The vertical distribution of temperature will often determine the type of precipitation (rain vs. snow vs. sleet vs. freezing rain) that occurs at the surface during the wintertime. More often than not, the temperature does not decrease with height but increases, many times by several degrees, before decreasing. This increase, then decrease is called and inversion. In winter, an inversion can be critical in determining the type or types of weather.
In the image (above) the green dashed line is the temperature in respect to elevation. The surface temperature is 25°F (-4°C) and increases with height before decreasing. However, since the temperature remains below freezing any precipitation that falls will remain as snow.
In this image the surface temperature is higher, 27°F (-3°C). Also as elevation increases, the temperature increases to a point where some of the atmosphere is above freezing before the temperature lowers again below freezing.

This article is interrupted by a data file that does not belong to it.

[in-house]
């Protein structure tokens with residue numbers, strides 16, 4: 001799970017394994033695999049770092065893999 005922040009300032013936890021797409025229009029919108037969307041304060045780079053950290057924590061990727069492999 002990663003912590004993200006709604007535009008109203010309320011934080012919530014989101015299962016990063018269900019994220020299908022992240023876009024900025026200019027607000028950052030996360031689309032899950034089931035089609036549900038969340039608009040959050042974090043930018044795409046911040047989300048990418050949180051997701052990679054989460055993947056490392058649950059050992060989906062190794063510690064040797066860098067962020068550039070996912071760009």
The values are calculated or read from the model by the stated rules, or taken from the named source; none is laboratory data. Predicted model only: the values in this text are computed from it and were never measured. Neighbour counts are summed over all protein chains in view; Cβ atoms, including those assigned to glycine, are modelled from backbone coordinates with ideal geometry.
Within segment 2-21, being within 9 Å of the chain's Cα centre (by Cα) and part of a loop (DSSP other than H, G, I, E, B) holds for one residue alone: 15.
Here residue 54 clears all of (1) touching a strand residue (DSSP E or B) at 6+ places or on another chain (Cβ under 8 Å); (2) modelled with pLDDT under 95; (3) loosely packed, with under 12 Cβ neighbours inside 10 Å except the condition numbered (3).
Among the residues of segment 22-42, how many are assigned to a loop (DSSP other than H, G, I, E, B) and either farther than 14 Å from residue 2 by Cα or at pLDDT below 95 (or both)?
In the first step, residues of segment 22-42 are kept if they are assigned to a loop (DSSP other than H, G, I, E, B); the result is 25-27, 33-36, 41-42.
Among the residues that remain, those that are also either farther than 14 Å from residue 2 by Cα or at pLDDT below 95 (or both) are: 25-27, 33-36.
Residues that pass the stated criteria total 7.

As snow falls into the layer of air where the temperature is above freezing, the snow flakes partially melt. As the precipitation reenters the air that is below freezing, the precipitation will re-freeze into ice pellets that bounce off the ground, commonly called sleet. The most likely place for freezing rain and sleet is to the north of warm fronts. The cause of the wintertime mess is a layer of air above freezing aloft.
Freezing rain will occur if the warm layer in the atmosphere is deep with only a shallow layer of below freezing air at the surface. The precipitation can begin as either rain and/or snow but becomes all rain in the warm layer. The rain falls back into the air that is below freezing but since the depth is shallow, the rain does not have time to freeze into sleet.
Upon hitting the ground or objects such as bridges and vehicles, the rain freezes on contact. Some of the most disastrous winter weather storms are due primarily to freezing rain.